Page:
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Sadigh Gallery
New York
Recent Activity
Canopic jars were stone and ceramic vessels used for the burial of the viscera removed during mummification. The term, canopic, derives from the misconception that they were connected with the human-headed jars that were worshipped as personifications of the God Osiris by the inhabitants of the ancient Egyptian port of... Continue reading
Posted Jun 27, 2012 at Sadigh Gallery's blog
Here at Sadigh Gallery we carry artifacts from various cultures, sizes varying from micro-sized beads to large basalt statues. Among these antiquities, ancient mosaic panels are the examples of the most decorative artifacts for they remain in great vibrancy of color due to their great durability. Mosaic panels we carry... Continue reading
Posted Jun 25, 2012 at Sadigh Gallery's blog
The Ancient Egyptians kept many animals as household pets, including various birds, cats, dogs, monkeys, baboons, and even mongooses. Some animals, like monkeys, were kept for entertainment, while the others (such as dogs, and raptors like hawks and falcons) to help people hunt for food. It appears that ancient Egyptians... Continue reading
Posted Jun 20, 2012 at Sadigh Gallery's blog
In the ancient Near Eastern world, people created seals to indicate one’s ownership over their properties, much similar to personalized stamps or signatures we use today. There were largely two types of stamps: Stamp seal and Cylinder seal. Stamp seals are in the shape of hemispheres, domes, pyramids or simply... Continue reading
Posted Jun 19, 2012 at Sadigh Gallery's blog
The term “Coffin” is usually applied to the rectangular or anthropoid container in which the Egyptians placed the mummified body, whereas the word “Sarcophagus” (Greek: “Flesh-Eating”) is used to refer only to the stone outer container, invariably encasing one or more coffins. The distinction made between these two items of... Continue reading
Posted Jun 17, 2012 at Sadigh Gallery's blog
The Palette term used to refer to two distinct artifacts: cosmetic and scribal pallets. Cosmetic/ceremonial palettes, usually of siltstone (greywacke), have been found in the form of grave goods in cemeteries as early as the Baldarian period (c. 5500 – 4000 BC). They were used to grind pigments such as... Continue reading
Posted Jun 15, 2012 at Sadigh Gallery's blog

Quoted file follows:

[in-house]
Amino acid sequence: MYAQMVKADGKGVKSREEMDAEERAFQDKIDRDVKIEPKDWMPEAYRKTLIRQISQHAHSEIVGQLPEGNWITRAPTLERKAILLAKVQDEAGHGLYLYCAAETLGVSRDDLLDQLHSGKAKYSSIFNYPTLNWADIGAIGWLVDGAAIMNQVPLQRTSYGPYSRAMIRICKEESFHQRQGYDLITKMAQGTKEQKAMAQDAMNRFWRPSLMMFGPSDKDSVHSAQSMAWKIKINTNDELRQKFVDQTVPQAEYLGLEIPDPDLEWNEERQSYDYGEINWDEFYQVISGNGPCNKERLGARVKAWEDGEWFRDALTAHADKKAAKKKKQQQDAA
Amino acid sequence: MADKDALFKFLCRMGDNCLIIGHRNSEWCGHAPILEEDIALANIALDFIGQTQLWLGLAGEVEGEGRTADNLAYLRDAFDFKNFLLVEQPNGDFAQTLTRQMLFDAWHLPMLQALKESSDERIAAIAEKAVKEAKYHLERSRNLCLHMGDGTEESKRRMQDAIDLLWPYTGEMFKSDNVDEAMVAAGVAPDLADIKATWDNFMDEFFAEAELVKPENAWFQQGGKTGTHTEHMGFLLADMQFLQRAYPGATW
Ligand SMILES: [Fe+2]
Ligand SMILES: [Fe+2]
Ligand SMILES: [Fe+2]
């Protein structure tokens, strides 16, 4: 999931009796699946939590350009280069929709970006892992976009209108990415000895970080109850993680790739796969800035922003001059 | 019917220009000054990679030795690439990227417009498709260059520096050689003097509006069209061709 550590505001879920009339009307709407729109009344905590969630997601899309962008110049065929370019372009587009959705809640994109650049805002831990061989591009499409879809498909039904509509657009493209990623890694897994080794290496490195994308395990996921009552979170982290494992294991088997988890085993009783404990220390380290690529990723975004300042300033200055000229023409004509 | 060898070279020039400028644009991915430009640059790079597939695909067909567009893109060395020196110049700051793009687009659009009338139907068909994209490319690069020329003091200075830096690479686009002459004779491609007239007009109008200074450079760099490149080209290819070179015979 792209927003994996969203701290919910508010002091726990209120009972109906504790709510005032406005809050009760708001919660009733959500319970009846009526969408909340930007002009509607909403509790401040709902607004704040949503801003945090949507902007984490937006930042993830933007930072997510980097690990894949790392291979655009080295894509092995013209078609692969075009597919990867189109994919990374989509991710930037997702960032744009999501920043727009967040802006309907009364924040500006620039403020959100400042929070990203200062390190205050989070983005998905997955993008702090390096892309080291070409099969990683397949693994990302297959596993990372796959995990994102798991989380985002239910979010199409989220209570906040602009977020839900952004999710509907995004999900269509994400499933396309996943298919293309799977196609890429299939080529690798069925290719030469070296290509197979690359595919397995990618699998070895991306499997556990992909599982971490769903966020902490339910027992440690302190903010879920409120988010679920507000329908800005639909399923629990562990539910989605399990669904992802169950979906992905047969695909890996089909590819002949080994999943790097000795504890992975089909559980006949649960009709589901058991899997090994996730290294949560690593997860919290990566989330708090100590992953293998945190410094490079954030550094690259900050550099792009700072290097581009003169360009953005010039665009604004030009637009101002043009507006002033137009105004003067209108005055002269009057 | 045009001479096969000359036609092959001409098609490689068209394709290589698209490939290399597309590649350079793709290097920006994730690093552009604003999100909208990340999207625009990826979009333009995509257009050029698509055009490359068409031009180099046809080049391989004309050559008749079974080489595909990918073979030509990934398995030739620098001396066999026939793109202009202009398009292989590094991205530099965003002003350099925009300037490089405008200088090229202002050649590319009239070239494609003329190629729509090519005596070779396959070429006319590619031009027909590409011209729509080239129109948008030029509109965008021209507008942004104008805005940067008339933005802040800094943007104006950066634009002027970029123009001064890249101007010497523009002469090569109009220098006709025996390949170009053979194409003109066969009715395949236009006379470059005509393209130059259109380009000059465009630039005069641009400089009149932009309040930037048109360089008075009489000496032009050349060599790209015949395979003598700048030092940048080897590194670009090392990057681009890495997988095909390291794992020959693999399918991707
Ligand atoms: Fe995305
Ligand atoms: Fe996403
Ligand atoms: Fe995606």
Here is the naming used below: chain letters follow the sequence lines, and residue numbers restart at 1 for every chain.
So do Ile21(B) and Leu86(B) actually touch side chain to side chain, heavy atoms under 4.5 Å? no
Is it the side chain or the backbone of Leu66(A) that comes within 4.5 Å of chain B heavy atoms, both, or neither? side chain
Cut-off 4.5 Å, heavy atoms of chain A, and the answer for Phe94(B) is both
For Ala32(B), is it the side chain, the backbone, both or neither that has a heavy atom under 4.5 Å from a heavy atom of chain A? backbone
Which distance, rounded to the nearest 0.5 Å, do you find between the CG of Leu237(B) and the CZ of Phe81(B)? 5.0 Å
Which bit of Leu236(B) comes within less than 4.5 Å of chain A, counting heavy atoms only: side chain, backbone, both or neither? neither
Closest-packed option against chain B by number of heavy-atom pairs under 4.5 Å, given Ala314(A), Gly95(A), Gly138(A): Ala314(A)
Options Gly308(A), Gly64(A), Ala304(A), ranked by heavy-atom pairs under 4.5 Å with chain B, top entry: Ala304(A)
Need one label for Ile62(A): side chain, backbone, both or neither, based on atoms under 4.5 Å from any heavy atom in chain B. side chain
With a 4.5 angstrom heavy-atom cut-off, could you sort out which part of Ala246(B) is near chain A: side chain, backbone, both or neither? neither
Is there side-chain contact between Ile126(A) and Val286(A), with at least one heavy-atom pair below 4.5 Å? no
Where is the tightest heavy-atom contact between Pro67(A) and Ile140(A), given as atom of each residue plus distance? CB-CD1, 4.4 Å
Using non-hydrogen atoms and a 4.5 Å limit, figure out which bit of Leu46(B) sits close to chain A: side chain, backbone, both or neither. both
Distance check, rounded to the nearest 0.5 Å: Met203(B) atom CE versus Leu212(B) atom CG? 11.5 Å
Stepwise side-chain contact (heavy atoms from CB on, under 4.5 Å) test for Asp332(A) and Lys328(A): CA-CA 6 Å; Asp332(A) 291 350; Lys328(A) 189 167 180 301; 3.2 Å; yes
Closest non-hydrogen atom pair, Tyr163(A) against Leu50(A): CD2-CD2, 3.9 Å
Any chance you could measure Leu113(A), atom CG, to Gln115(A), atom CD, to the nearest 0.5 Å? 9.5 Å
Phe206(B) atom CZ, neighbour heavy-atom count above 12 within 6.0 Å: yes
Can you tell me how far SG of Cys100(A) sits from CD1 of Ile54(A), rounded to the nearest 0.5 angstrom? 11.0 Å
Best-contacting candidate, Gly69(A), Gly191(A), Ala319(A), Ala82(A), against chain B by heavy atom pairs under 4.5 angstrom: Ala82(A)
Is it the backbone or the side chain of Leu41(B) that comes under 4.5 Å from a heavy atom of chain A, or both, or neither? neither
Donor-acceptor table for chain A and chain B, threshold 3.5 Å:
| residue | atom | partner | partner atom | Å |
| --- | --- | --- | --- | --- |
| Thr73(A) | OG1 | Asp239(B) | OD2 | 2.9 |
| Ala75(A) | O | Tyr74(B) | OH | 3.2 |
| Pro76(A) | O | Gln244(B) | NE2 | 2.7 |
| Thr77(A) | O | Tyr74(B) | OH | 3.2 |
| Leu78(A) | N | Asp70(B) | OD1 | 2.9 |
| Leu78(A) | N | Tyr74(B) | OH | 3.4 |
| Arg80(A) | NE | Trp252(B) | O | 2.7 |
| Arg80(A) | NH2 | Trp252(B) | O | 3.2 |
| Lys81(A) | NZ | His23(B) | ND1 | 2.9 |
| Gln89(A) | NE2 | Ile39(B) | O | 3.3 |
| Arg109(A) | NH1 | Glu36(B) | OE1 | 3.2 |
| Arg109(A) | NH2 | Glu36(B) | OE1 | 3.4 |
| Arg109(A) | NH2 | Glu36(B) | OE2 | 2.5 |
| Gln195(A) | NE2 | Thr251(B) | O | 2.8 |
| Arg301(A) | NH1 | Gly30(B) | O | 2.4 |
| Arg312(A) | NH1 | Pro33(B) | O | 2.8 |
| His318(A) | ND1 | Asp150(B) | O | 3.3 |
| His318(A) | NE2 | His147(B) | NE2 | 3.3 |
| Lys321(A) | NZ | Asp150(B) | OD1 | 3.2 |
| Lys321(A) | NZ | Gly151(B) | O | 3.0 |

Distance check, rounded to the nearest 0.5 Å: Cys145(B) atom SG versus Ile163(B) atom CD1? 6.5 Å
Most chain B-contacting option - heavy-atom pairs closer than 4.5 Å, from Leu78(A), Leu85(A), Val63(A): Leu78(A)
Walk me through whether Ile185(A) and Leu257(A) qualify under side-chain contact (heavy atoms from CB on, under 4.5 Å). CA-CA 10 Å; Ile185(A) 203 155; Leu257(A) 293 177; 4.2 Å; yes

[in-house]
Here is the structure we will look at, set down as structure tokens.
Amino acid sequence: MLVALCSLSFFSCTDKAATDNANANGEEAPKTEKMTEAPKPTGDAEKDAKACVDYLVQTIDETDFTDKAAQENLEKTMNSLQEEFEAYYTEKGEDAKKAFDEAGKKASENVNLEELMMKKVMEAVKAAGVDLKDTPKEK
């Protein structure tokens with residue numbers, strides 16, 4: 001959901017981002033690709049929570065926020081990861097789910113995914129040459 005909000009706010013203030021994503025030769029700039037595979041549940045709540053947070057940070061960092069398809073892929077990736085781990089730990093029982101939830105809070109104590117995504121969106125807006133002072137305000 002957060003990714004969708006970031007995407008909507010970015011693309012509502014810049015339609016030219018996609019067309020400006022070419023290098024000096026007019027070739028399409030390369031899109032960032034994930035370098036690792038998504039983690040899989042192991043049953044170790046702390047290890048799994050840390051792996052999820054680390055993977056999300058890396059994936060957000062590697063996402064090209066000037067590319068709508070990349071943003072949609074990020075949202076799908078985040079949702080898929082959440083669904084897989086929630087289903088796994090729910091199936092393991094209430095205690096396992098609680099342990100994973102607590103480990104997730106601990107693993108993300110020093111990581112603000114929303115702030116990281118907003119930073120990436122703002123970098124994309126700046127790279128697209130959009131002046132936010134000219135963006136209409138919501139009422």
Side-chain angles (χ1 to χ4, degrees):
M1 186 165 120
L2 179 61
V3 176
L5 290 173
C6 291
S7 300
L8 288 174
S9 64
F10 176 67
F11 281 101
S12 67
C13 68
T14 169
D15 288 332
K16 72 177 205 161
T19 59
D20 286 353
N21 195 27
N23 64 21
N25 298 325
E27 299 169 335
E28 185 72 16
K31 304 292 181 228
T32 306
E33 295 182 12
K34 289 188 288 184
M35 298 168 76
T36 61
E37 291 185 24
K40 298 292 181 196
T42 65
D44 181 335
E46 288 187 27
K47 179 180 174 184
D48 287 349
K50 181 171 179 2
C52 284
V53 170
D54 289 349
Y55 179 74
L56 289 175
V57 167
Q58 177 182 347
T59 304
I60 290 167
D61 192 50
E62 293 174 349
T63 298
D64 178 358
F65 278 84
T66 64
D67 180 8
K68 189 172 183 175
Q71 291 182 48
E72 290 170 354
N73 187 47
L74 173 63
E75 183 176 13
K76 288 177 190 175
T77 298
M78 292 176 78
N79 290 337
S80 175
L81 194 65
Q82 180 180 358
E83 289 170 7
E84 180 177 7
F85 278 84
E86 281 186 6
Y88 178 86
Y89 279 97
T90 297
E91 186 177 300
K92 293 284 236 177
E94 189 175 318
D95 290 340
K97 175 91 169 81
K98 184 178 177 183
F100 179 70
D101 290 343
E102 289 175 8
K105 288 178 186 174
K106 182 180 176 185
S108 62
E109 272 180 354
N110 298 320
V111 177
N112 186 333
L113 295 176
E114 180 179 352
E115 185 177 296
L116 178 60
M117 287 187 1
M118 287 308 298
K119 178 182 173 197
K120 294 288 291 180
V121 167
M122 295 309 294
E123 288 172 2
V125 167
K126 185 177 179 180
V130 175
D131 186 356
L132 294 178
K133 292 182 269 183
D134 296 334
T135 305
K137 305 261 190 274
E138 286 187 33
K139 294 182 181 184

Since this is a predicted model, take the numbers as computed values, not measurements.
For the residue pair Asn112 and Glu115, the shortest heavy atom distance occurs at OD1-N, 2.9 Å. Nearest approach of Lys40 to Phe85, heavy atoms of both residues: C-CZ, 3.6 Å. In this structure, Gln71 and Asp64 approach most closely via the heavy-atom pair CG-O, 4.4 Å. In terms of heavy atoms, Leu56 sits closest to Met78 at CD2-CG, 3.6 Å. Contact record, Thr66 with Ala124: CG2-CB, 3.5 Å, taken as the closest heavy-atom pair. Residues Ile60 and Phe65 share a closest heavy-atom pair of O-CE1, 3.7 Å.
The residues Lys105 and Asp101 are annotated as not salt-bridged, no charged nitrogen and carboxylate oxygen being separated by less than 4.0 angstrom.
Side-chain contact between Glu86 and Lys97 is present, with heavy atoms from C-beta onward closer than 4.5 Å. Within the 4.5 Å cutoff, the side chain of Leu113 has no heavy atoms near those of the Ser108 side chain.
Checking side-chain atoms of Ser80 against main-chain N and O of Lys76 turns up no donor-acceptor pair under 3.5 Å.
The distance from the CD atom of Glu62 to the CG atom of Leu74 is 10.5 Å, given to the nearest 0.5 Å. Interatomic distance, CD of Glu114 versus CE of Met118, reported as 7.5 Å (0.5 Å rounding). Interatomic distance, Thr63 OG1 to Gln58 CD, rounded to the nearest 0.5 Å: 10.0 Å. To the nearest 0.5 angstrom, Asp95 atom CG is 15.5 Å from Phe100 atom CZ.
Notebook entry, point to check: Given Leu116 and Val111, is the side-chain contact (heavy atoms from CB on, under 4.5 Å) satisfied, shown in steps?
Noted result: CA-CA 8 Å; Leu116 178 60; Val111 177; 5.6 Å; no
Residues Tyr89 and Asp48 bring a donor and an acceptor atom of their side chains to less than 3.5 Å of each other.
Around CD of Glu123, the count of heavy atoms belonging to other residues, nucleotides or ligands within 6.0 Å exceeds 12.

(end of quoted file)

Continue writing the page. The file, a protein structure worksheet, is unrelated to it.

Beginning just before the Predynastic period, Egyptian culture was already beginning to resemble greatly the Pharaonic ages that would soon come after, and rapidly at that. In a transition period of a thousand years (about which little is still known), nearly all the archetypal characteristics appeared, and beginning in 5500... Continue reading
Posted Jun 14, 2012 at Sadigh Gallery's blog
The history of Father’s Day goes back to early twentieth century when it was created to honor male parenting and to complement Mother's Day. Compare to mother’s day it is relatively a new celebration, but it is celebrated world-wide and in many various ways, according to the cultures. As father’s... Continue reading
Posted Jun 13, 2012 at Sadigh Gallery's blog
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Collecting different forms of ancient art is one of the favorite pastimes in the recent era. Some of them even make themselves successful in their profession through this hobby. For the starting collectors, one thing to consider carefully before starting any collection, is to access the most authentic resource. Sadigh... Continue reading
Posted Apr 22, 2011 at Sadigh Gallery's blog
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The term “Coffin” is usually applied to the rectangular or anthropoid container in which the Egyptians placed the mummified body, whereas the word “Sarcophagus” (Greek: “Flesh-Eating”) is used to refer only to the stone outer container, invariably encasing one or more coffins. The distinction made between these two items of... Continue reading
Posted Apr 22, 2011 at Sadigh Gallery's blog
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Luristan bronzes have been prized for their unique designs and fine craftsmanship since antiquity. Geographically, Luristan is the central province in Iran’s western frontier, the area where production of richly decorated bronzes flourished from about 1200 to 800 B.C. The formidable terrain of the region, sweeping plains, and high valleys... Continue reading
Posted Apr 22, 2011 at Sadigh Gallery's blog
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Physicians in the Classical World had access to a variety of medical & surgical instruments that were designed to aid them in their treatment of the sick. Several ancient texts mention the use of surgical tools and instruments used by doctors in antiquity. The precise date when each instrument was... Continue reading
Posted Apr 22, 2011 at Sadigh Gallery's blog